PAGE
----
Alexandria Troas

Alexandria Troas was founded by Alexander the Great who claimed it as the ancient city of Troy…or at least nearby.

This city is important to understanding the missionary journeys of Paul.

Paul went here on his second missionary journey. This is where he had his vision to turn toward Macedonia. Acts 16: 6-12

Paul was here on his third missionary journey. Acts 20:7-12

Paul wanted to travel by boat. Sometimes he and his disciples had to wait weeks or months to catch fair winds. Here I am waiting for the fair winds. I think they have arrived.

In the meantime, he certainly would be preaching and teaching the people.

Paul did everything with his own hands. He even made tents as was his trade. Paul’s father was a tentmaker as well and that gave him a Roman citizenship.

Here are remains of the port that existed during the time of the missionary journeys.

As it turned out, the disciples took the boat to Assos and Paul walked and met them there. Maybe he was concerned about the notorious Assos pirates as he was carrying collected money back to Jerusalem? Here is the road in Troas that leads to the remains of the port.

When Paul was in Troas, one can tell from his writings that he felt his days were numbered. He spoke to them for many hours as he sensed that he would not see them again and had much to say.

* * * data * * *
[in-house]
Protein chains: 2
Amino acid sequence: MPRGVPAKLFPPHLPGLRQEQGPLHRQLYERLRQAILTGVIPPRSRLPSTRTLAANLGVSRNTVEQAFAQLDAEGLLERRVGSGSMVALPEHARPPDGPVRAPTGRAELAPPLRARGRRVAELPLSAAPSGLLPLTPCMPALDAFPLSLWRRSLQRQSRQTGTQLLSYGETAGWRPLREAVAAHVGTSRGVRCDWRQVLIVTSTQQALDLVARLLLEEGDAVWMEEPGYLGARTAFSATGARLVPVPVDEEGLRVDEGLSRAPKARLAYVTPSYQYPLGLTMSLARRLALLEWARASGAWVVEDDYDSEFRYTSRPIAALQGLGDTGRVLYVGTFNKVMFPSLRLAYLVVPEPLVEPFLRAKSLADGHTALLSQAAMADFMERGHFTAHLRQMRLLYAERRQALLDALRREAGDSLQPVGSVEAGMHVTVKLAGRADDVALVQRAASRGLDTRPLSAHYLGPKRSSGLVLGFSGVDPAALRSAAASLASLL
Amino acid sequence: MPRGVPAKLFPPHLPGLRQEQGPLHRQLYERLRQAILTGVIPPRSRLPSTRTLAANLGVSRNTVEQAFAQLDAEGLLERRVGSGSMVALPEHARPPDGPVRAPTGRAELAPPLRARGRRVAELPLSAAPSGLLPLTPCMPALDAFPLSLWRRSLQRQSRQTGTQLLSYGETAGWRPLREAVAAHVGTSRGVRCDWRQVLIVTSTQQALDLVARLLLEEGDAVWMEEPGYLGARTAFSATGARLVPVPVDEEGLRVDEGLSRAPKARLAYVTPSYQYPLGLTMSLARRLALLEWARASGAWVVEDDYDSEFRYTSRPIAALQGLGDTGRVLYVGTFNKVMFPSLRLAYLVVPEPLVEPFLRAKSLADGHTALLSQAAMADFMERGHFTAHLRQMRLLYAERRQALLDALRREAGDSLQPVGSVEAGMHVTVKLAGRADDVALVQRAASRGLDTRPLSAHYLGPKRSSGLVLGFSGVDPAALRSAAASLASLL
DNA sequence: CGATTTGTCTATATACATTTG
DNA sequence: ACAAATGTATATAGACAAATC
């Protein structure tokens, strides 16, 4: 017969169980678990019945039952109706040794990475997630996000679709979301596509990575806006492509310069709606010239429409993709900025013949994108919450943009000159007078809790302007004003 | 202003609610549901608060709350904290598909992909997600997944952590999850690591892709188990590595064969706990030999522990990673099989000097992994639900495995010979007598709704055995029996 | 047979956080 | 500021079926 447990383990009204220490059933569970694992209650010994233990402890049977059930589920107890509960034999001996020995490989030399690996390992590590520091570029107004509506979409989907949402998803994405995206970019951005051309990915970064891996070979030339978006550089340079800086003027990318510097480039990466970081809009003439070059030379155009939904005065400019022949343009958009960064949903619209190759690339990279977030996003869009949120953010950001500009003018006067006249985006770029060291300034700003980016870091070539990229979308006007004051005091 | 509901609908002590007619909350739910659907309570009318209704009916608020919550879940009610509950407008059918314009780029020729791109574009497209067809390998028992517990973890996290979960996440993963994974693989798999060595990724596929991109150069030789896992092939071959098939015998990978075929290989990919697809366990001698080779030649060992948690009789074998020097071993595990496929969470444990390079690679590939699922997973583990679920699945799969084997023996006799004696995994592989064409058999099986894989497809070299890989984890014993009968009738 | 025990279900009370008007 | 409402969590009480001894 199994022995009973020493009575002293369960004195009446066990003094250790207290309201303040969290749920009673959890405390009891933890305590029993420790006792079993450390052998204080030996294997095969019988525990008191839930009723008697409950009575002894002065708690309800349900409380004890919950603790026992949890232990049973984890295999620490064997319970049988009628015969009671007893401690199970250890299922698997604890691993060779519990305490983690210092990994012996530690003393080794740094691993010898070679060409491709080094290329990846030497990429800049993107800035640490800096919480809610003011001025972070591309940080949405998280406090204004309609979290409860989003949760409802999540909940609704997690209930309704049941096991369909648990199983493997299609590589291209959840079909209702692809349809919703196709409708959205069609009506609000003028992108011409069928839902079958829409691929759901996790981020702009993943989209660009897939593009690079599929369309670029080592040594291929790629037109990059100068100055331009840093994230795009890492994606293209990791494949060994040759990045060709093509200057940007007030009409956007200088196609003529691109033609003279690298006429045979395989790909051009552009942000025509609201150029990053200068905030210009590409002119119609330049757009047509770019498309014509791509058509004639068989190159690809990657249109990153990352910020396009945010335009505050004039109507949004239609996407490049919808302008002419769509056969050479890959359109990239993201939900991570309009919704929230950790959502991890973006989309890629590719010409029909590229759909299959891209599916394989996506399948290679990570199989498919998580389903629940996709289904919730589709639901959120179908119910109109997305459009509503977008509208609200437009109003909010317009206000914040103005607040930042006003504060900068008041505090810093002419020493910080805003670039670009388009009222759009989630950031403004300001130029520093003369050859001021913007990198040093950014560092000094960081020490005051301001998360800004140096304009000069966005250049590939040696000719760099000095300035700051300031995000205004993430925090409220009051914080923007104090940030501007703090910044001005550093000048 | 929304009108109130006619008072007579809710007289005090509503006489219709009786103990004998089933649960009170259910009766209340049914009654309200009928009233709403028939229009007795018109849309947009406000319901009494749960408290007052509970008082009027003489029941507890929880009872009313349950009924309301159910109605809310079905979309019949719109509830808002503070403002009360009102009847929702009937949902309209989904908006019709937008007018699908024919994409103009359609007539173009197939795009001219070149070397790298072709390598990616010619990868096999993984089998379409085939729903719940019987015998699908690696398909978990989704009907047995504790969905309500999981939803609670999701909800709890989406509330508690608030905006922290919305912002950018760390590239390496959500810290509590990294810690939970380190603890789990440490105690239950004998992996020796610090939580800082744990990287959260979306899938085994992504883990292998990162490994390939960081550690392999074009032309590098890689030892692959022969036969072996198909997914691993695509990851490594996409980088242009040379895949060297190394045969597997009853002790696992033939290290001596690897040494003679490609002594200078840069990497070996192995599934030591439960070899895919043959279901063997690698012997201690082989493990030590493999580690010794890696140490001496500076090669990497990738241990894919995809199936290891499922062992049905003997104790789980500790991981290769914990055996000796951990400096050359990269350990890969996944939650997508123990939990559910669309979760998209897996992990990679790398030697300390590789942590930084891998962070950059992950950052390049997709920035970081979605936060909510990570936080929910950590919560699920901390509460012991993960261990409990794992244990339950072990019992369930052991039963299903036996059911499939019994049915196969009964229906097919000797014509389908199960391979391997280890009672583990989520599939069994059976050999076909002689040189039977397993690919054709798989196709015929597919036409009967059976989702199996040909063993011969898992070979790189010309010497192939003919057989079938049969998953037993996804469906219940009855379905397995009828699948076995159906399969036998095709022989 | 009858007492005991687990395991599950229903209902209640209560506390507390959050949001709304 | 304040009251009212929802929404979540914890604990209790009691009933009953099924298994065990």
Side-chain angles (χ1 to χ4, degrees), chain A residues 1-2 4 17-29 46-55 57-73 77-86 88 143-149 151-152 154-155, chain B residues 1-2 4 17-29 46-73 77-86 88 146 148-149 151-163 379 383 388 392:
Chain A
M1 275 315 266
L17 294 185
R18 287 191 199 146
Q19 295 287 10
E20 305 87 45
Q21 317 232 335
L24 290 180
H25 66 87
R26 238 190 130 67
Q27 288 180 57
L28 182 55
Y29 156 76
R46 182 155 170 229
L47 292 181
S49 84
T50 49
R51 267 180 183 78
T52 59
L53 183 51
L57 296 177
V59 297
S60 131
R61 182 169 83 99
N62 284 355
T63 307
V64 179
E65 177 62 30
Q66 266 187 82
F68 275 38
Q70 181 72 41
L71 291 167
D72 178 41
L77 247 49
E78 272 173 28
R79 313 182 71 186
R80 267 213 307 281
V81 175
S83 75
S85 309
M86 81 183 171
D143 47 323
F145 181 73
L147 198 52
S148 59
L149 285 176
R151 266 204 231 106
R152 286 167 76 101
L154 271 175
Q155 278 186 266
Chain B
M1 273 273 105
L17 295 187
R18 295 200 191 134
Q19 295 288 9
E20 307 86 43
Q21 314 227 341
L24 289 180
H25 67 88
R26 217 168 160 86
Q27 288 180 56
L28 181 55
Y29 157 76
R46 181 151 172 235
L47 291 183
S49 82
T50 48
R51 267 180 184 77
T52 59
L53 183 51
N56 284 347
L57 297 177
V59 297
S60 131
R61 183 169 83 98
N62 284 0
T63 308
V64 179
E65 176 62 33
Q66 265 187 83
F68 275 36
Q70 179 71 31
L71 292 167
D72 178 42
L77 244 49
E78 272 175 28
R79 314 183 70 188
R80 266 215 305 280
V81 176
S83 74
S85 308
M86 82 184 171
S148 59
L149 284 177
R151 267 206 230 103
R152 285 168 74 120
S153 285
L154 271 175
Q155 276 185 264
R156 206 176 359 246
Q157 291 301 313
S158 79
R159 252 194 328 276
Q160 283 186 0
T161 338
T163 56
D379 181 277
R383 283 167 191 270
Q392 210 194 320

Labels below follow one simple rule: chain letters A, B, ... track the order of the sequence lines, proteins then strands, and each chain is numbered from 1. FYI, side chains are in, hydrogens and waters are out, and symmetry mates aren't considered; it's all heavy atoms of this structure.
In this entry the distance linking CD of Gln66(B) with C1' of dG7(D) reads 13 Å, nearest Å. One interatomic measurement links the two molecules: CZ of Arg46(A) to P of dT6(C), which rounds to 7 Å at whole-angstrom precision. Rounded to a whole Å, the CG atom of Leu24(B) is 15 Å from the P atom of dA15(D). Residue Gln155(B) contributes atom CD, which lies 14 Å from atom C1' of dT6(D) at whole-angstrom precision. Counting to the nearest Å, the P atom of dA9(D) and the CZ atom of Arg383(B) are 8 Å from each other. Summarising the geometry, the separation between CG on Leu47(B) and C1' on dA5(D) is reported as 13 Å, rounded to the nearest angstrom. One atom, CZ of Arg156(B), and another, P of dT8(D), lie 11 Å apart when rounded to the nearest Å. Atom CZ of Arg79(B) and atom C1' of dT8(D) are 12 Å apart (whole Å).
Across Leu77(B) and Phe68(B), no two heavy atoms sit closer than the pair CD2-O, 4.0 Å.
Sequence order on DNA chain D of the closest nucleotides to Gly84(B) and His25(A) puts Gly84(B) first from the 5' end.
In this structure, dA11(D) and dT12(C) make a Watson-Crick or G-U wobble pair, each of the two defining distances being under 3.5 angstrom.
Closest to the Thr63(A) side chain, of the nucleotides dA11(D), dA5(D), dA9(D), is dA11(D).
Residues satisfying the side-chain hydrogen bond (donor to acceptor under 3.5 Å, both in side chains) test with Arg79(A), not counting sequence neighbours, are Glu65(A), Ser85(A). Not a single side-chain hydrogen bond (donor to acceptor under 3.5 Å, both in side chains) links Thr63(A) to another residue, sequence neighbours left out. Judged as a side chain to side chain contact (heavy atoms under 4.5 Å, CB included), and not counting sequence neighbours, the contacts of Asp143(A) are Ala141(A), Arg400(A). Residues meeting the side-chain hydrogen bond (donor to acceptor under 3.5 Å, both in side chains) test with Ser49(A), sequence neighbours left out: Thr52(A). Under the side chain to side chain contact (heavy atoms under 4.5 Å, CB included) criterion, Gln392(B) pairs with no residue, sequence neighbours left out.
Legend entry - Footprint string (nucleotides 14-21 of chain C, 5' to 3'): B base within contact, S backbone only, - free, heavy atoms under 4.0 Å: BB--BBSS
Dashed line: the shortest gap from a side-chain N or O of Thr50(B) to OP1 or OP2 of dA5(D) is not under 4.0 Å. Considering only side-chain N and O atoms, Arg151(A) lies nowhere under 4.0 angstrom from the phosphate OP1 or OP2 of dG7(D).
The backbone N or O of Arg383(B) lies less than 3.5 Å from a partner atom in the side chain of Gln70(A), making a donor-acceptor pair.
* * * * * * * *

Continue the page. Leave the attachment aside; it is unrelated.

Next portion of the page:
They were meeting on Sunday, the first day of the week. Everyone had to work on Sunday. It was a work day. Many people had gathered to hear Paul speak. Eutychus was sitting in the window. Paul is known to be long winded. Euchytus fell asleep and out of the window. They thought that he was dead. He might have fallen asleep after a long day of work. Paul was able to revive him.

Baby Mail

My nephew, Hunter and his wife, Karlie, just had baby boy named Wyatt.

I thought that it would be fun to send something from Istanbul.

I found a baby store near our hotel. It was difficult to communicate the size since I wanted it for the autumn months and with sleeves for the climate of Colorado.

We bought a $25 two piece outfit. Next, we asked where the post office was located. After much pointing and difficulty, an English speaker was summoned. Once we arrived at the post office, it was closed and under construction.

Yikes! Now that means I have to carry it. I alerted Ertunga that we need to find a post office en route to our next hotel. He said that we must do it today (Friday) due to the weekend and holidays.